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About In House Tax

This weblog is a news and views site for tax professionals within the UK and international in-house tax community.  You will find information about appointments and people moves in and around the in-house tax market, issues affecting the in-house tax professional, opinions on the state of the tax job market, updates on tax technology, and other general thoughts of the day.

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This site has been developed by Simon Godley, who also runs the niche tax recruitment company Talentpool Selection . Simon spends a lot of his time placing tax specialists into FTSE companies, large in-bound groups and some professional services organisations. He also recruits and is well networked around the UK tax technology and VAT markets.

Tax News

Banking code of practice - impact on front office tax teams?

Friday, 3 July 2009


The U.K. government will step up its anti-tax avoidance fight Monday, with the treasury announcing plans to ask banks to sign a code of good practice, a person familiar with the matter said Friday.

The person said the treasury will publish a consultation document Monday which will urge banks to be more transparent about their tax affairs.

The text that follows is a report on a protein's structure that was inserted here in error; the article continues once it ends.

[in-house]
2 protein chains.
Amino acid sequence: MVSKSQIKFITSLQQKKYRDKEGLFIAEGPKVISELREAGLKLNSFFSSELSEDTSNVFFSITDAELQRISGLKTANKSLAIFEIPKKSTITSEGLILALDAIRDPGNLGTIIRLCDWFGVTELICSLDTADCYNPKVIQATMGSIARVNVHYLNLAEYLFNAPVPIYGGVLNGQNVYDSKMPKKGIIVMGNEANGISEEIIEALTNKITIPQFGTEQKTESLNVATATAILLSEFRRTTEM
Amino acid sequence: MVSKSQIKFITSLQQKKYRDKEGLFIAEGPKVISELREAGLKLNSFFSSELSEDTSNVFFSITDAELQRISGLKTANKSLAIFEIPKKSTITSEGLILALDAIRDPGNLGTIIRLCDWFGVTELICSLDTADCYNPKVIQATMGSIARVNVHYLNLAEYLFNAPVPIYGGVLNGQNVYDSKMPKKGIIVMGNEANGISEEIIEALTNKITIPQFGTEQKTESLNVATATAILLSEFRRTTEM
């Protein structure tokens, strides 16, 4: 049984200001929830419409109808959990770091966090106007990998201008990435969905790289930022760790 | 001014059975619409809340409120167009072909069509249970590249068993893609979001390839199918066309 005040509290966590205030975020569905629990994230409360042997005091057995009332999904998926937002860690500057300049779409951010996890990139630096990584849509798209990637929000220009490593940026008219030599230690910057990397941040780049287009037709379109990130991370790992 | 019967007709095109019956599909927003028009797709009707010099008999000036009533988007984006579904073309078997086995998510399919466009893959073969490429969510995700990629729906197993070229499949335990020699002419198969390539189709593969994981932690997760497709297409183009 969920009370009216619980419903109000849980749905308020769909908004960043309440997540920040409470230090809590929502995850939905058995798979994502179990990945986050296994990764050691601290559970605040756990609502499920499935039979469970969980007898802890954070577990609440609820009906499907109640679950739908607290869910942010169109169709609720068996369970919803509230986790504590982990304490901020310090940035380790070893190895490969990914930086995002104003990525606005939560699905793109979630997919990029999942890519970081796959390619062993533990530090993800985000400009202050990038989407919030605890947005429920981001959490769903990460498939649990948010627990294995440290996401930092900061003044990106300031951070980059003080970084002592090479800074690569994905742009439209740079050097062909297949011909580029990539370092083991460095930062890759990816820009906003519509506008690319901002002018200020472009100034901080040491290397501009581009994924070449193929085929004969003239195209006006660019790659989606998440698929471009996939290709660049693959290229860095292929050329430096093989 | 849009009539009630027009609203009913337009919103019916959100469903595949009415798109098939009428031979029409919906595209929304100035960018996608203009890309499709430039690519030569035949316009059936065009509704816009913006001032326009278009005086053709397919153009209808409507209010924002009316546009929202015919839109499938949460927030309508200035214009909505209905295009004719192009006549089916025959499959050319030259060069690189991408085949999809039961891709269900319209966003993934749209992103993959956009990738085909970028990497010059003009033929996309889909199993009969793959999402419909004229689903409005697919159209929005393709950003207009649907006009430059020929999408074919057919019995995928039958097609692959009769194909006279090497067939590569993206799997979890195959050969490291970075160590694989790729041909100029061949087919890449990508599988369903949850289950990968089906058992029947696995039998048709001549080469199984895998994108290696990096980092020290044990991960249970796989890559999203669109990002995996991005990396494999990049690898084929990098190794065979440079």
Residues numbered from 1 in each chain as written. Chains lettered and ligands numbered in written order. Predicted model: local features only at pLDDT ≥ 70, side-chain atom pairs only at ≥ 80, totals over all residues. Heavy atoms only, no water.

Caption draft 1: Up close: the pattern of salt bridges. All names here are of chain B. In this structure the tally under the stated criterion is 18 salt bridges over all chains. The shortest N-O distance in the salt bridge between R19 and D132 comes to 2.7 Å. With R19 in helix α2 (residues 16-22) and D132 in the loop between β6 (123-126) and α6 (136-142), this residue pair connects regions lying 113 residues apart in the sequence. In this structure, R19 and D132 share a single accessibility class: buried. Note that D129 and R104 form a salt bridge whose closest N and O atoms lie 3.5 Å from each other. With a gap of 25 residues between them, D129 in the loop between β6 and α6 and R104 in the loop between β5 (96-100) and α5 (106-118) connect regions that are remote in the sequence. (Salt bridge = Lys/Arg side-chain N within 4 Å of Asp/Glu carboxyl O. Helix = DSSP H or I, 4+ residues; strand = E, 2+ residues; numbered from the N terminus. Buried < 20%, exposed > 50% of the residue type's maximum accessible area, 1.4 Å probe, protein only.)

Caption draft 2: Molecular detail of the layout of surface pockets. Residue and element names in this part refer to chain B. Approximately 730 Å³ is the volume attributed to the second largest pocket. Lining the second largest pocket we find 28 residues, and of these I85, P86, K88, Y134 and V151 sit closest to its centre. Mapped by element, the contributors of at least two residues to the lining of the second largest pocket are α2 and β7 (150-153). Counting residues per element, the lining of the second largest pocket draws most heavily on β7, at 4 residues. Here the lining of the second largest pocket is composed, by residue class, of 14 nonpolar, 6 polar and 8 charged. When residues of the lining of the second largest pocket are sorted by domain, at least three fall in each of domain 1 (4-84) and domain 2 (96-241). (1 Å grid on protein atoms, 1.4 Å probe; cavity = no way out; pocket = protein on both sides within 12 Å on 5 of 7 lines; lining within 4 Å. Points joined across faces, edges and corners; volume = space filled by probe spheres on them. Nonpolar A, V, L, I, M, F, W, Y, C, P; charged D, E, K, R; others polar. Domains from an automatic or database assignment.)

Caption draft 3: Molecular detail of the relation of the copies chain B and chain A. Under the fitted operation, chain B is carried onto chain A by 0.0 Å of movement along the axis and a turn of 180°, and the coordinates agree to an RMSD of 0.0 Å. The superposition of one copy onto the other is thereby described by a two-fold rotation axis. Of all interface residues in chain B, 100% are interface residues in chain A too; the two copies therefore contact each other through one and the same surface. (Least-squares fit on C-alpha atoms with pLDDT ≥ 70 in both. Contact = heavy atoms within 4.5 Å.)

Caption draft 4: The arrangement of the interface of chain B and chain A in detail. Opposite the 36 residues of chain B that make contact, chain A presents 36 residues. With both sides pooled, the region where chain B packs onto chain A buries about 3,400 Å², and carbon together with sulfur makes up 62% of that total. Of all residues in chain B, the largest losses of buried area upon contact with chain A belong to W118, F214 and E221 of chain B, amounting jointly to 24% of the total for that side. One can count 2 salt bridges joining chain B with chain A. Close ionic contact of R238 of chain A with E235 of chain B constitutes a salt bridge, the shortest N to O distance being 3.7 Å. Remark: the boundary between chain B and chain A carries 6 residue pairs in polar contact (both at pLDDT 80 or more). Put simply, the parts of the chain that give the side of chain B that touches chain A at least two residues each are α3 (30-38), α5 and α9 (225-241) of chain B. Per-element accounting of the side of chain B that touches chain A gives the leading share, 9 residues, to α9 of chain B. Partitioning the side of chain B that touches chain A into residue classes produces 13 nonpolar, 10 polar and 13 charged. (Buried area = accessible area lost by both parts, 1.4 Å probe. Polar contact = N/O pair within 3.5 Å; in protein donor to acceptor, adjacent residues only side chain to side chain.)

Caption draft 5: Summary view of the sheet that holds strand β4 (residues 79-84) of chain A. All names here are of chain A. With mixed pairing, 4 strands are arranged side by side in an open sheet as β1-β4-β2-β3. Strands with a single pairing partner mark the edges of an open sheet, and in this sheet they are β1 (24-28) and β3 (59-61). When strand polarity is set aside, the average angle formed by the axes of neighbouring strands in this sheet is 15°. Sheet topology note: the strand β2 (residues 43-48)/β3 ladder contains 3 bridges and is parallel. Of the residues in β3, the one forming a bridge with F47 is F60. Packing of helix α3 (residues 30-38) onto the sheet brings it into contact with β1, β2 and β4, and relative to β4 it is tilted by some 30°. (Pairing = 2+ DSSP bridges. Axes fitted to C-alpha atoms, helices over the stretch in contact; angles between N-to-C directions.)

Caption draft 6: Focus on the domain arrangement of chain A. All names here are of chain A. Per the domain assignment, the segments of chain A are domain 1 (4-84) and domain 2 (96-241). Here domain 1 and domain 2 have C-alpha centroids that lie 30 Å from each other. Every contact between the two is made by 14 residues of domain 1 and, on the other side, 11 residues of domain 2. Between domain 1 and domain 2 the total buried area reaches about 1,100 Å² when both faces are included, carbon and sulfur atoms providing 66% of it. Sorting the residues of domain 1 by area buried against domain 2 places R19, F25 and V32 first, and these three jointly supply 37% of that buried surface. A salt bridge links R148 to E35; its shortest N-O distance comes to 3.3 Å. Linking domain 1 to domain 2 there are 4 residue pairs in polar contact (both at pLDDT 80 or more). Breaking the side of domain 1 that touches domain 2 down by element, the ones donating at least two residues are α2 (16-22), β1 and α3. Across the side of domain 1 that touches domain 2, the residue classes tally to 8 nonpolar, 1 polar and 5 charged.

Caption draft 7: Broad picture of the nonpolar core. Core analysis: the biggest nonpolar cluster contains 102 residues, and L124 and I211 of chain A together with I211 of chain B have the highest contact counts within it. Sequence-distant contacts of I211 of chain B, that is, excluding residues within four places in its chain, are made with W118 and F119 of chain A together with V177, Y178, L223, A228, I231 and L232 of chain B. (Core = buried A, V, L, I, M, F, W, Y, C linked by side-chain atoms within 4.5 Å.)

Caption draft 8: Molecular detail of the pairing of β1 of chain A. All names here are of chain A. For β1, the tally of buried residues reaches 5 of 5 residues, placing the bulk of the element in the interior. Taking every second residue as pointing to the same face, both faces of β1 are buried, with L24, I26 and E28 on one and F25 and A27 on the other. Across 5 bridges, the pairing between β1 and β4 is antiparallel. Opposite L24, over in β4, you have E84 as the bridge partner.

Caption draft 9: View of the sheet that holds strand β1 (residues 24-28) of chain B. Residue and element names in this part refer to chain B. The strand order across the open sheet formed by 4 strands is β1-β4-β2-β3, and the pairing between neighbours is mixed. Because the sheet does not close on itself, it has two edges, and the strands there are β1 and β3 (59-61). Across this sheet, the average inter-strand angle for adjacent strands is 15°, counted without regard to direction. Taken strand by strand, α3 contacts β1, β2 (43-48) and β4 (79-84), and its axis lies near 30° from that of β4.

The voluntary code, first mentioned in the budget in April, will encourage them to enter discussions with the U.K.'s revenue and customs agency about how to comply with the spirit of tax laws.

Banks will have 12 weeks to respond to the consultation but the government is confident most major institutions will sign up, the person said. It's thought there have already been talks on the code between the treasury and leading financial institutions.

The code of practice will build on a similar mechanism that HMRC has used to minimize tax avoidance from leading U.K. businesses.

The idea is to open a grown-up dialogue where banks can privately share information about their tax arrangements with HMRC, consulting with officials on what is acceptable and what HMRC considers inappropriate. A senior bank official - preferably a board member - will be asked to sign up to the code, the person said.

But if banks don't sign up to the code - or sign but don't improve their behavior - HMRC could adopt a more intrusive approach. The treasury isn't ruling out moving beyond a voluntary code if that approach fails to change banks' behavior.

"A voluntary code based on an open and upfront dialogue is likely to yield a more genuine behavioral change," the person said.

The move comes as the U.K. battles an economic recession that has taken large bites out of government revenue and bloated the budget deficit to record peacetime levels. The deficit will be above 12% of gross domestic product this year, with public sector net borrowing set to reach £175 billion.

In a bid to plug the fiscal gap, the treasury has become more aggressive in a number of areas, leading international efforts to press tax havens to be more open and seeking to tighten the rules for so-called non-doms, people who reside in the U.K. but are not domiciled here.

There are no exact estimates of how much the government hopes to save through the new code.

The disclosure regime introduced in 2004 requires avoidance scheme users and promoters to disclose details to HMRC. Since the introduction of this regime, HMRC has acted on information received to protect over £11 billion.

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posted by Simon Godley

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